In health services, Alibaba, Tencent and Ping An have all developed AI-powered software to diagnose COVID cases from CT scans within 20 seconds with over 90% accuracy. Ping An’s Good Doctor platform recorded over 1.1 billion consultations at the height of the Covid-19 pandemic in February 2020. Their AI system has learnt to diagnose over 3000 diseases by scanning over 100 million medical images in order to propose a diagnosis plan for doctors. The AI system has been used over 22 million times by over 400,000 doctors in just the first half of 2020. In many cases, AI detected diseases like cancer at very early stages even before the onset of disease. It is estimated that up to 90% of unnecessary operations could be avoided with this smart system.
In retail, Meituan Dianping has developed an AI-powered “Super Brain” for its food delivery service. The system analyzes time, location, driver trajectory and traffic data to plan dispatches. The smart system optimizes over 40 million orders daily through 2.9 billion route plans per hour.
In urban management, Alibaba Cloud has piloted its AI solution “City Brain” in 23 cities that have decreased traffic jams by 15%. The City Brain assesses traffic data and adjusts traffic lights, bus schedules and taxi dispatches to alleviate congestion. The AI system scans real-time images of traffic incidents and dispatches police, fire, medical and rescue vehicles to the scene. The system is now being rolled out in Macau and Malaysia. In voice recognition, iFlytek is the market leader in AI-assisted speech recognition, AI medical diagnoses and AI-supported individualized curricula for students. For example, its digital voice assistant can deduce from the pitch and emphasis of a spoken sentence what is the mood of the person. From the vocabulary, sentence structure and content, the AI can create an almost complete profile of a person with educational level, financial situation, interests, feelings and wishes.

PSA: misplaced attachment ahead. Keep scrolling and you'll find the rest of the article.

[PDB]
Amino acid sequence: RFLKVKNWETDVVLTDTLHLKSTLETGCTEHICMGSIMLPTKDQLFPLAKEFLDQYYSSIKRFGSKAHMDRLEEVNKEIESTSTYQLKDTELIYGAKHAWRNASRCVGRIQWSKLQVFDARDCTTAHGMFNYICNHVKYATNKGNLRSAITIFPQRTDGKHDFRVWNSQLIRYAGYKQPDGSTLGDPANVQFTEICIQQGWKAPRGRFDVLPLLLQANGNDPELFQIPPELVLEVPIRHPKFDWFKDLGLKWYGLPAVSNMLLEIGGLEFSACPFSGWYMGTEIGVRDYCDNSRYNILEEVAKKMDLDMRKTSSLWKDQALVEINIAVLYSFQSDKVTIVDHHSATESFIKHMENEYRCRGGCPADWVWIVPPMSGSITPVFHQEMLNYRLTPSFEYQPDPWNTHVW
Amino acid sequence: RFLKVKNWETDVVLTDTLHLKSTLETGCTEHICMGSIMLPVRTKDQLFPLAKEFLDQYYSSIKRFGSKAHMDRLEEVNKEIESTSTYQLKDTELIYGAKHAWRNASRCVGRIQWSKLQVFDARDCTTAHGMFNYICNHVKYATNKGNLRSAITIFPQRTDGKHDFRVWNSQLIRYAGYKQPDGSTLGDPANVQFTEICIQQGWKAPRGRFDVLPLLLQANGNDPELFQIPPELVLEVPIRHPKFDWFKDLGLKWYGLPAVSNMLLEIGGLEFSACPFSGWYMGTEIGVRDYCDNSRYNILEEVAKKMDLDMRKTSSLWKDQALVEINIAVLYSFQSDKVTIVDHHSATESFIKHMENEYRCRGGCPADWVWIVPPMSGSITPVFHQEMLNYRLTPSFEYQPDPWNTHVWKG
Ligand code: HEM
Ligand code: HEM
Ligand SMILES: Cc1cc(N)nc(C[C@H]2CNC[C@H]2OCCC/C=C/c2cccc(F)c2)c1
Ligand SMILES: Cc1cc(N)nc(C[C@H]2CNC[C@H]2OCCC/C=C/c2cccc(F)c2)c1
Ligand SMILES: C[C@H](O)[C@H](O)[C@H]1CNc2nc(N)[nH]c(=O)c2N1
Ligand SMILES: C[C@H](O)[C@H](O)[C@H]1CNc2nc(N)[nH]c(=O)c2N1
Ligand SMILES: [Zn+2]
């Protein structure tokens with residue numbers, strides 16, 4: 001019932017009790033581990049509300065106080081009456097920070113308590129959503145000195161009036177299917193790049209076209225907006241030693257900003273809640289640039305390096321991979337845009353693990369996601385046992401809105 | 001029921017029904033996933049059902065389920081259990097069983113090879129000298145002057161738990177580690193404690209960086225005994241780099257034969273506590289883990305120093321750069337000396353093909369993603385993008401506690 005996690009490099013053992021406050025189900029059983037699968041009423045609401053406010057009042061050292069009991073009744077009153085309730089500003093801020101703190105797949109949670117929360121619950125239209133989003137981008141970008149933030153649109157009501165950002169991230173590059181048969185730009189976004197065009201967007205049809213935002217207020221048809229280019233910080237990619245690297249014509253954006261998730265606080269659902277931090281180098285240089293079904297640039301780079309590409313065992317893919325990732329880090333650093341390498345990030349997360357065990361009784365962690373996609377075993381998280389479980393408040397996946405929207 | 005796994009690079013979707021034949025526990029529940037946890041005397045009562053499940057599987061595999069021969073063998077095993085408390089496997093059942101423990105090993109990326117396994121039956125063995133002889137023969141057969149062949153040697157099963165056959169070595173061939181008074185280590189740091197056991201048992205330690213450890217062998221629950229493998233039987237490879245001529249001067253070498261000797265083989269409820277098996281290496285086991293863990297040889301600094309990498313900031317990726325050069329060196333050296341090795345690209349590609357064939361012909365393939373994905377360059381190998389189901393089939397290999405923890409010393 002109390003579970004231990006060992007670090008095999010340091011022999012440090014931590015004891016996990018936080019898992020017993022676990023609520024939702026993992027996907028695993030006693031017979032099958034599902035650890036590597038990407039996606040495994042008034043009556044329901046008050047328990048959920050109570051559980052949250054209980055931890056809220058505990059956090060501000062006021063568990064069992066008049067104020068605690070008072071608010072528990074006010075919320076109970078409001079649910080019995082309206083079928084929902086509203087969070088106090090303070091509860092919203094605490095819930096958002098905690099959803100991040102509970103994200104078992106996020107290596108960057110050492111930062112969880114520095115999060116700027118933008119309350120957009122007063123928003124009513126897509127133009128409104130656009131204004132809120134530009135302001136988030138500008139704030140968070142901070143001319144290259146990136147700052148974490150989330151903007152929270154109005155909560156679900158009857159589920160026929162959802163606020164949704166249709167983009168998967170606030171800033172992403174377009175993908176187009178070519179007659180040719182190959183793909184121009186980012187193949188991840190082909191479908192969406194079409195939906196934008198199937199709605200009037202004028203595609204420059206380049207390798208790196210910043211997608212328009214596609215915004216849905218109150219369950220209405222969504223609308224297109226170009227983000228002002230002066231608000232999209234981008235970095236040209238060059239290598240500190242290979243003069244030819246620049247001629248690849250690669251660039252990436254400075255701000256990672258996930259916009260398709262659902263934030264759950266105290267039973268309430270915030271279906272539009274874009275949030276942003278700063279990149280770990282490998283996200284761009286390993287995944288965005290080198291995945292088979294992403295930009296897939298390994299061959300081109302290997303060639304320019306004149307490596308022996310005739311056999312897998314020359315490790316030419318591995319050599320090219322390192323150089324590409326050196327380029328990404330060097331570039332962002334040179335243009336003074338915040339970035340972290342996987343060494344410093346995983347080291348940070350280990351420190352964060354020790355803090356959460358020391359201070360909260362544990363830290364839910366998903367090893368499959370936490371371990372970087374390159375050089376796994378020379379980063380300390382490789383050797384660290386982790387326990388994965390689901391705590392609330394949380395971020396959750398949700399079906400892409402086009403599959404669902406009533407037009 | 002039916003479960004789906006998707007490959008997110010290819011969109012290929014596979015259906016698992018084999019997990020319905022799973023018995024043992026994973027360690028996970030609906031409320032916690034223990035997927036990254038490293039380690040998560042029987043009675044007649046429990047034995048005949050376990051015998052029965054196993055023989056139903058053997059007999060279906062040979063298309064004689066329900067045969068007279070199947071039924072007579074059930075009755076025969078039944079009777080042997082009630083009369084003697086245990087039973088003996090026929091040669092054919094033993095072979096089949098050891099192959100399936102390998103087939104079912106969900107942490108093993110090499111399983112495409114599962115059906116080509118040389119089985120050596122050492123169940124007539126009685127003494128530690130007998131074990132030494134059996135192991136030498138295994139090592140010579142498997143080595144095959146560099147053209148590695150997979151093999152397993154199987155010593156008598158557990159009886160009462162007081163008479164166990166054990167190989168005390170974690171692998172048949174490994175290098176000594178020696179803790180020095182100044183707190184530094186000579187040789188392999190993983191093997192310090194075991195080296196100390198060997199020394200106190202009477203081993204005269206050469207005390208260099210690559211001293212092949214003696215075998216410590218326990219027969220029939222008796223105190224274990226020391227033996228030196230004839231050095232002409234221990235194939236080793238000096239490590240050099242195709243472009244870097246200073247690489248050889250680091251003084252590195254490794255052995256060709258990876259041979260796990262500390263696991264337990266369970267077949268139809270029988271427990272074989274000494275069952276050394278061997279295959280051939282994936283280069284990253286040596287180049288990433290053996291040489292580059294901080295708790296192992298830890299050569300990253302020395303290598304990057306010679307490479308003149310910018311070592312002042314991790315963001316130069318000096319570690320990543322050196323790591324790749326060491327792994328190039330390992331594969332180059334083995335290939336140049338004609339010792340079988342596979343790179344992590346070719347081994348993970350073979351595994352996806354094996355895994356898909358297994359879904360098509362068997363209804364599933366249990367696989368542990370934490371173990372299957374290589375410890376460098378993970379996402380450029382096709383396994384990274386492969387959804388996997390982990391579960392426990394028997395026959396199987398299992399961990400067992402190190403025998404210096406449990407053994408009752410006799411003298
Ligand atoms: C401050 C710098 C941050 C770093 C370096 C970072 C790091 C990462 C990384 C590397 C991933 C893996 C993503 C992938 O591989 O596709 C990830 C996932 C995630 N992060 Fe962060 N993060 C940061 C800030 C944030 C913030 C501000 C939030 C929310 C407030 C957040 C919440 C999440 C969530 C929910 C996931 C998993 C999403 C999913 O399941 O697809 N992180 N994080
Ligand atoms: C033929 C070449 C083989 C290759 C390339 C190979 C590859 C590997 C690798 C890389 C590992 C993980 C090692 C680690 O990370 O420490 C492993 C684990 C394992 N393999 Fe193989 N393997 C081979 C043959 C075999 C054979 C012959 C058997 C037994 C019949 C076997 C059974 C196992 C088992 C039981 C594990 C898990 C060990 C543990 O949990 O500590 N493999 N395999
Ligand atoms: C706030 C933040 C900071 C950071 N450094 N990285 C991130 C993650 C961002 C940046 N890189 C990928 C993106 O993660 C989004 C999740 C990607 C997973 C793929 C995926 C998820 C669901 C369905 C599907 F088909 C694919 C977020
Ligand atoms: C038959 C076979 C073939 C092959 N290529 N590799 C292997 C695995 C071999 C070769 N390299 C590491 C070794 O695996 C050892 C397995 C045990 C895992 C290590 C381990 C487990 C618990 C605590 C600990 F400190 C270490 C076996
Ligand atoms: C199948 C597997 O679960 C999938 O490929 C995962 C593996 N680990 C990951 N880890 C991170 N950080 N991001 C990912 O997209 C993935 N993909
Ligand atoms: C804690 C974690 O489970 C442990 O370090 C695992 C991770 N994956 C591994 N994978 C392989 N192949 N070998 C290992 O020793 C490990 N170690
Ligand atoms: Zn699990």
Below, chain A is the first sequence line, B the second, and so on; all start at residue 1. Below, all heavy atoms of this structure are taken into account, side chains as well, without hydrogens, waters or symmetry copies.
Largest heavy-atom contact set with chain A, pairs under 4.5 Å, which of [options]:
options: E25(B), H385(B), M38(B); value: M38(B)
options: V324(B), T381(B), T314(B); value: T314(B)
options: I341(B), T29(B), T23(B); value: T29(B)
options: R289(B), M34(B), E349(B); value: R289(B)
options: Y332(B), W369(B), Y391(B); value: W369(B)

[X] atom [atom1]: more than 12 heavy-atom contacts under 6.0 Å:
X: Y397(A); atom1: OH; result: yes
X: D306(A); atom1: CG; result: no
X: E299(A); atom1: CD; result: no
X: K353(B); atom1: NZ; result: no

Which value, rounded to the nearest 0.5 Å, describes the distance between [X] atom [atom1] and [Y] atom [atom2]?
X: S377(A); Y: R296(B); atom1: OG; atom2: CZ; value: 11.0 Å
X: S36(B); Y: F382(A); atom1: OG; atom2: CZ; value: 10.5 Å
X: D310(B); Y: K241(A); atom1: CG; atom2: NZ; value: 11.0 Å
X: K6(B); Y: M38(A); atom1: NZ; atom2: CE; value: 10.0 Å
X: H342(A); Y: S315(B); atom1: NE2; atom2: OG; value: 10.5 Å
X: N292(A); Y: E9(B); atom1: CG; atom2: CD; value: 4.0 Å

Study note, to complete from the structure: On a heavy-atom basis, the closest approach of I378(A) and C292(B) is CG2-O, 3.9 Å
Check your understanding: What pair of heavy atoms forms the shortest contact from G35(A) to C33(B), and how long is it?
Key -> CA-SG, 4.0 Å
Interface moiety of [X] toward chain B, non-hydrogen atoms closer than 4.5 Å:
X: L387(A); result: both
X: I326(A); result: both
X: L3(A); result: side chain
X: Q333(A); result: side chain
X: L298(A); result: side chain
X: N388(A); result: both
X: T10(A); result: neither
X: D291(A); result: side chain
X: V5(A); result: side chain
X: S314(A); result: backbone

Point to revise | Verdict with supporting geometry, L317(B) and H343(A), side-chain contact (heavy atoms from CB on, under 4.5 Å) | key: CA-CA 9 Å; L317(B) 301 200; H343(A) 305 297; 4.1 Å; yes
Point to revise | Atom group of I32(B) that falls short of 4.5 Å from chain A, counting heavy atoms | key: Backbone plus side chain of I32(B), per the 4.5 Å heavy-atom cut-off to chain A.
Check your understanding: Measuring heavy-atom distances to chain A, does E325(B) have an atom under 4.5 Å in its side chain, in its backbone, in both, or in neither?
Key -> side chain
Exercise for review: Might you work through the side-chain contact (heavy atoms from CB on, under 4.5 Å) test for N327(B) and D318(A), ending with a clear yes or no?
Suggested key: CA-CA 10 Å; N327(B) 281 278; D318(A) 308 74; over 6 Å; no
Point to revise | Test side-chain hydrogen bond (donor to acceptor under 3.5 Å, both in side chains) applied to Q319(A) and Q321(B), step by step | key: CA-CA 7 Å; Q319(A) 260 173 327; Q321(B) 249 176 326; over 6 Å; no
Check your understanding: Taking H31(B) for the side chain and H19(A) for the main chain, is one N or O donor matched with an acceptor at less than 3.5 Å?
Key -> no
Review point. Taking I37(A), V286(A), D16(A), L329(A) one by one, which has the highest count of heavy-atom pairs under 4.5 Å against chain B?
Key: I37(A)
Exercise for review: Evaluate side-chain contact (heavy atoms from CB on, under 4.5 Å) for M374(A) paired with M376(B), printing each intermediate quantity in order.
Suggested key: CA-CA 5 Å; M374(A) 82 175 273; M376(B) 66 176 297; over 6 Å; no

Over 20 Chinese AI Unicorns
In addition, there are many Chinese start-ups and unicorns in the AI space. The company Smart Finance calculates the creditworthiness of a borrower in 8 seconds based on 5000 characteristics. In contrast, banks only check about 10 pieces of information as no bank employee can process 5000 pieces of information.
Megvii recognizes a person in the crowd with absolute certainty in 0.1 seconds, even from behind the aisle. You can already pay with Megvii facial recognition in fast food restaurants in China.
Sensetime, the world's most valuable AI start-up in 2019 with a valuation of USD 4.5 billion, focuses on face, object and handwriting recognition, autonomous driving and health care. The state gives Sensetime access to China's 1.4 billion people database. Honda, Qualcomm, Alibaba and many more are already using Sensetime technology.
DJI now holds two-thirds of the world drone market. In a partnership with Microsoft, AI software is being developed that allows drones to independently examine buildings, gas and power lines, bridges, and even apple orchards for errors and problem areas. Drones can independently monitor traffic and optimize the flow of traffic better than any human being. The use of AI with drones is almost limitless.
China aspires to take world market leadership from the US in AI by 2030 - and it is well on the way there. With the research of the ACATIS Qilin Marco Polo Asia Fund, we are very close to the topic of artificial intelligence - an area that is already covered quite well with our investments in Tencent, Baidu, Alibaba, Ping An Good Doctor and iFlytech. We are very excited to see numerous highly attractive future investment opportunities in the Chinese AI market. If you have any remaining questions, please do not hesitate to contact us anytime.